London: [various], 1921-42. Twenty-two offprints. FIRST EDITIONS. Most with original printed wrappers. All stapled as issued. Item #10841
A COLLECTION OF ORIGINAL OFFPRINTS BY SIR WILLIAM BRAGG. We are pleased to offer the following collection of original offprints by SIR WILLIAM HENRY BRAGG (1862-1942), pioneer British scientist in solid-state physics who was a joint winner (with his son Sir Lawrence Bragg) of the Nobel Prize for Physics in 1915 for his research on the determination of crystal structures. He studied physics in the Cavendish Laboratory during part of 1885, and at the end of that year was elected to the Professorship of Mathematics and Physics in the University of Adelaide, South Australia. Subsequently he became successively Cavendish Professor of Physics at Leeds (1909-1915), Quain Professor of Physics at University College London (1915-1925), and Fullerian Professor of Chemistry in the Royal Institution. In 1923, William H. Bragg (1826-1942) was appointed director of the Royal Institution of Great Britain; under him the Davy-Faraday Laboratory became a world-famous center of research, particularly into problems of crystal structure. He was also president of the Royal Society of London. He was an honorary doctor of some sixteen universities, and a member of the leading foreign societies. Many other medals and awards were bestowed upon him, including the Rumford Medal in 1916 and the Copley Medal in 1930.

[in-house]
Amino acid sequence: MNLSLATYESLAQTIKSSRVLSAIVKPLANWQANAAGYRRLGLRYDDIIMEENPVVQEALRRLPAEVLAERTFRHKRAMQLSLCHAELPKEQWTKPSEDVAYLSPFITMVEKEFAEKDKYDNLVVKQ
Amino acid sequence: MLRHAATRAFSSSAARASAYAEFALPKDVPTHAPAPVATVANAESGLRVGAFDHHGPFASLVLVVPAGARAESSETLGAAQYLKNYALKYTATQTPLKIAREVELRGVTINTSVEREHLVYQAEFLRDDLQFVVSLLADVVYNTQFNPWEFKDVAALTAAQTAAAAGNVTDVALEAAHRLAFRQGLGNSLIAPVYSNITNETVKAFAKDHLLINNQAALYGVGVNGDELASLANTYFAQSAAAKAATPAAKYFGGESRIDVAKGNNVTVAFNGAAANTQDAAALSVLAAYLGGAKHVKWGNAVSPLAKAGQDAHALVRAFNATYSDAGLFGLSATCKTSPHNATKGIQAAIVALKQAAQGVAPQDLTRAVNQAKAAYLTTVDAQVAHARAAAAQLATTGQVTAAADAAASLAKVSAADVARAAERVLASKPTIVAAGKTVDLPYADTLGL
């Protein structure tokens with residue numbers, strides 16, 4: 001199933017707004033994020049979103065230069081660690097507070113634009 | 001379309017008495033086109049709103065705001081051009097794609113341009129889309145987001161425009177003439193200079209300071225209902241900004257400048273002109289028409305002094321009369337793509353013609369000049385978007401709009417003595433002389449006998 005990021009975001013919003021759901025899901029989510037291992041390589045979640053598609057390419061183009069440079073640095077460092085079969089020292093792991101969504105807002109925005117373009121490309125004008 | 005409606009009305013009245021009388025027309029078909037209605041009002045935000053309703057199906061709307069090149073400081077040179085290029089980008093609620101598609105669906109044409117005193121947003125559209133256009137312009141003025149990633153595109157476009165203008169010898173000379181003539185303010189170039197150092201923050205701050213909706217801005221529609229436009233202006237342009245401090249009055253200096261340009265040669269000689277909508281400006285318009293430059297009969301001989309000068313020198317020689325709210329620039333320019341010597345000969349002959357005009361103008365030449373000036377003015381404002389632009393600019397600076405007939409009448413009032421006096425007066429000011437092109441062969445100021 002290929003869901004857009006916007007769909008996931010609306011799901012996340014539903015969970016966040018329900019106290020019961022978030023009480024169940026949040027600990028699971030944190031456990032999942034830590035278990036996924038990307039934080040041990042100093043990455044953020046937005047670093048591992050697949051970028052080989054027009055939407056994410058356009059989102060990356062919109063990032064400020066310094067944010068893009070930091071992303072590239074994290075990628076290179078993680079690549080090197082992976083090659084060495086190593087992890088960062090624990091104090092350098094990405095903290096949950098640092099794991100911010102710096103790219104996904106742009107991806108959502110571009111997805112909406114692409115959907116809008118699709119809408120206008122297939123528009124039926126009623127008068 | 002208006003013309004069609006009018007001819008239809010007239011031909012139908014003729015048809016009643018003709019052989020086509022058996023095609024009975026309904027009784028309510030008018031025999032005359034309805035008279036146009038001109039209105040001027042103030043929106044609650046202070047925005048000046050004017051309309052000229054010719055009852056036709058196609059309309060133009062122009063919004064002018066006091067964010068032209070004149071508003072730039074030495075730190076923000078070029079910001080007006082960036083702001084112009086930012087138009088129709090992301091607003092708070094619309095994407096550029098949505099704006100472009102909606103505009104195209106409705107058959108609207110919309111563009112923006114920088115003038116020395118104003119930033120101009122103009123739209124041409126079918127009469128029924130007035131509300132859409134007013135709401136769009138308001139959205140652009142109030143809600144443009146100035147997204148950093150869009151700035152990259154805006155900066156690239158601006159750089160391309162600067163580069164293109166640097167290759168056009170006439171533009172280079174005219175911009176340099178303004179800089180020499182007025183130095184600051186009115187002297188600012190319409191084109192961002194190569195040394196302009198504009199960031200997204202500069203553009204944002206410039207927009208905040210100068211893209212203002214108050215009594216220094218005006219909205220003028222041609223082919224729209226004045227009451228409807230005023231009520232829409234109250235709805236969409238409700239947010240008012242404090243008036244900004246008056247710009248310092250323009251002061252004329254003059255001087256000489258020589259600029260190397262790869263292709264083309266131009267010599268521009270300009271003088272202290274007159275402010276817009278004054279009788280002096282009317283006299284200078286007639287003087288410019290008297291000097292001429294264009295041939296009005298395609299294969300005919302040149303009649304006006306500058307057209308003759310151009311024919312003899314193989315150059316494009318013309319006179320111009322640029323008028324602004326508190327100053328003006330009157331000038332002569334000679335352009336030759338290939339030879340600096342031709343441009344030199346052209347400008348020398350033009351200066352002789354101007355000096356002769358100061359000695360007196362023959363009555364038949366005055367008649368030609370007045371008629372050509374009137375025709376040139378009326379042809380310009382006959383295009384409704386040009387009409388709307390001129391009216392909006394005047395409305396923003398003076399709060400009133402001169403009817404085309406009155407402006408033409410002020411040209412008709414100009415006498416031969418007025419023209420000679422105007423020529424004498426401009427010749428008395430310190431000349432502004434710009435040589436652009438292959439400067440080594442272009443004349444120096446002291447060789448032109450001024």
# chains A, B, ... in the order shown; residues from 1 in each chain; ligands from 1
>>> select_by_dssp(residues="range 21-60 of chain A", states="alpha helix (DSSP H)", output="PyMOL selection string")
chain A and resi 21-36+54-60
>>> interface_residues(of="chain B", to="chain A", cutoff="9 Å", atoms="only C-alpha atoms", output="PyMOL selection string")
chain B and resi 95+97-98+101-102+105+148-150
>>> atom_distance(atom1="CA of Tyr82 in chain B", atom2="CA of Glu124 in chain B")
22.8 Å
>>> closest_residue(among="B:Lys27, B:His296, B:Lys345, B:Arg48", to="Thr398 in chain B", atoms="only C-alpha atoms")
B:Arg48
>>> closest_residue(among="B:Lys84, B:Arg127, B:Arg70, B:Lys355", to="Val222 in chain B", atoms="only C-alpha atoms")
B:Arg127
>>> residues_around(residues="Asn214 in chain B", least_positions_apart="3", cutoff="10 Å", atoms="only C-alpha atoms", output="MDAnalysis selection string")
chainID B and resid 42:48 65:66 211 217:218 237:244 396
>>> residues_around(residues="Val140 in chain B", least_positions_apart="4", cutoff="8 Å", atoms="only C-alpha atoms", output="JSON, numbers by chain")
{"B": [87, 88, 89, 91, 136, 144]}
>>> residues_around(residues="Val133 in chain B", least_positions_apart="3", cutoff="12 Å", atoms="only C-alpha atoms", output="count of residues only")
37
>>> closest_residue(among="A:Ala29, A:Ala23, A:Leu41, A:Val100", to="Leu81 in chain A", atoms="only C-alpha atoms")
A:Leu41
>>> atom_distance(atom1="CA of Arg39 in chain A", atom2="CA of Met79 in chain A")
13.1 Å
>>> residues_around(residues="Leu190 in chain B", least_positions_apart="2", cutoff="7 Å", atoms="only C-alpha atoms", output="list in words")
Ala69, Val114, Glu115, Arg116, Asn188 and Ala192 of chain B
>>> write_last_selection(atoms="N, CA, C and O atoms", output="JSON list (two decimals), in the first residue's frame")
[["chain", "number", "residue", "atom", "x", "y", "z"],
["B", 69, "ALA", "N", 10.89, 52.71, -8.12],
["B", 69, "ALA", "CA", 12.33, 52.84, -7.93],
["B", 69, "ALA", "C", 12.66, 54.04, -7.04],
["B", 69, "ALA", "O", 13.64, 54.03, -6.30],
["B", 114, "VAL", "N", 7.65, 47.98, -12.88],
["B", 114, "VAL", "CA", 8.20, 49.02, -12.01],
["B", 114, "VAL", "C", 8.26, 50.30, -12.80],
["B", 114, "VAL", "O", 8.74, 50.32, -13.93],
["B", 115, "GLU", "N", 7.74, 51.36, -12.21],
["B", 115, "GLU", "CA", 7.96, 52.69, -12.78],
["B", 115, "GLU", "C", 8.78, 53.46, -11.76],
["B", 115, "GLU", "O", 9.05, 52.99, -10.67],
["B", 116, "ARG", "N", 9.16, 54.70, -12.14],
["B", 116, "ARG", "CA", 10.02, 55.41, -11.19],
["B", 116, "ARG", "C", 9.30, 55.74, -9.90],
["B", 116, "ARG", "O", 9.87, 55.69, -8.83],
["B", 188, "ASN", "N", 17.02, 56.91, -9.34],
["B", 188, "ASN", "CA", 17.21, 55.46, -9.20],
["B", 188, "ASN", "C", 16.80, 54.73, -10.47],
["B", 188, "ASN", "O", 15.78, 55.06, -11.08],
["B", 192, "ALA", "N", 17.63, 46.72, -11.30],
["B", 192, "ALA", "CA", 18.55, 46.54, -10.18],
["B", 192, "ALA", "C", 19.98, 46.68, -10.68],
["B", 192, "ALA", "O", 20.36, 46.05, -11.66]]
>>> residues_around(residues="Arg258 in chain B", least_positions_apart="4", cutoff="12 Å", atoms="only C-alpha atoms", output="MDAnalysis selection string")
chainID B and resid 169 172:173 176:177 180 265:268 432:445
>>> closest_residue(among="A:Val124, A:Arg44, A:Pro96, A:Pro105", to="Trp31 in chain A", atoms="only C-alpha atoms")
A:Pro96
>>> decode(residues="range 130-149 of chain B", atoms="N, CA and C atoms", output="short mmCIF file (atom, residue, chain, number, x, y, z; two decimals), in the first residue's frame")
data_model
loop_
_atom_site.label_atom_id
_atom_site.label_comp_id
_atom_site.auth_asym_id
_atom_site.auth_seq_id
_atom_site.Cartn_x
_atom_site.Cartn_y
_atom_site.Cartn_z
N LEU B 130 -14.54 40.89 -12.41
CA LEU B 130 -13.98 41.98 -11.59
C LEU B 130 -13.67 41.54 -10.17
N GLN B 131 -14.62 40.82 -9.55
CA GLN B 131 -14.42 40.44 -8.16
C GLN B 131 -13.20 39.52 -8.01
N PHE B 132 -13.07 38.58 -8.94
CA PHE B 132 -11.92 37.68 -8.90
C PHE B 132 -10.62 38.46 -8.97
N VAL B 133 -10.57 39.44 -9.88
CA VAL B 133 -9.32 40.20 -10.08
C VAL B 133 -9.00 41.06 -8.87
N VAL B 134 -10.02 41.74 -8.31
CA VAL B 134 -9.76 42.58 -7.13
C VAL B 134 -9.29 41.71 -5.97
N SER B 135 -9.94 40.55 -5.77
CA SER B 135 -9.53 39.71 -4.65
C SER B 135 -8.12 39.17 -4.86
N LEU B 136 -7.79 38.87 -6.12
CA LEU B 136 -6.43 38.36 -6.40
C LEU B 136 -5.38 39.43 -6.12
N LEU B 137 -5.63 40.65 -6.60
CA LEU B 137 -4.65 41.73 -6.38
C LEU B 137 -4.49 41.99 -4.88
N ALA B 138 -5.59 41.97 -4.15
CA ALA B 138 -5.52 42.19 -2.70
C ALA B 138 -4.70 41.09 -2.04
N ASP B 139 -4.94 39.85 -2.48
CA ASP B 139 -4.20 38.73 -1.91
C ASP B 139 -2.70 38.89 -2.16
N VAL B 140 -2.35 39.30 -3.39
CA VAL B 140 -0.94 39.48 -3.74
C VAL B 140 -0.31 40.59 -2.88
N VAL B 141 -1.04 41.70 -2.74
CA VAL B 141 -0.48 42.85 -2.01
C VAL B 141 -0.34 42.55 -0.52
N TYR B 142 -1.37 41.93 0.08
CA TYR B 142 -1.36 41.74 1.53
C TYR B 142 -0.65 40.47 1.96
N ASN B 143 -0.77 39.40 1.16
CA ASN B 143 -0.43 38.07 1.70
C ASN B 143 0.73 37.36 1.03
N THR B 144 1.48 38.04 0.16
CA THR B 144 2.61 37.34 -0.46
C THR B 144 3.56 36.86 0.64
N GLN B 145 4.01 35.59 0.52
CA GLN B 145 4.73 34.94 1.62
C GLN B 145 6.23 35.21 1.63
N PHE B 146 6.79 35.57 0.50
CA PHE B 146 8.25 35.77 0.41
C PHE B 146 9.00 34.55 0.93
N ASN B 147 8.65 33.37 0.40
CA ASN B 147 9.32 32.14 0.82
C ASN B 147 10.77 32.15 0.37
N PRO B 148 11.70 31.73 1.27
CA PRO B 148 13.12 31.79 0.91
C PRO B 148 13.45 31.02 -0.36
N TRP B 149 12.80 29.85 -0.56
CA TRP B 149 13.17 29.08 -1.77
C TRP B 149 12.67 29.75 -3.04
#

His research interests embraced a great many topics and he was an adept at picking up a subject, almost casually, making an important contribution, then dropping it again. However, the work of Bragg and his son Lawrence in 1913-1914 founded a new branch of science of the greatest importance and significance, the analysis of crystal structure by means of X-rays. It was while Bragg was Cavendish Professor at Leeds that von Laue announced his discovery of the diffraction of X-rays by crystals. Bragg immediately became interested, but it was his son William Lawrence (1890-1971), then still a student at Cambridge, who took the first step in their epoch-making investigations.
In 1915, both father and son published their famous X-Rays and Crystal Structure. They jointly received the Nobel Prize in physics that same year "for their services in the analysis of crystal structure by means of X-rays." In the years that followed, the study of crystallography was revolutionized, making it possible to determine with the greatest accuracy the arrangement of atoms in a crystal, and also to determine the crystal structure of a variety of substances. As evidenced in these papers, his interest in engineering and materials strength well complimented his work in crystal structure.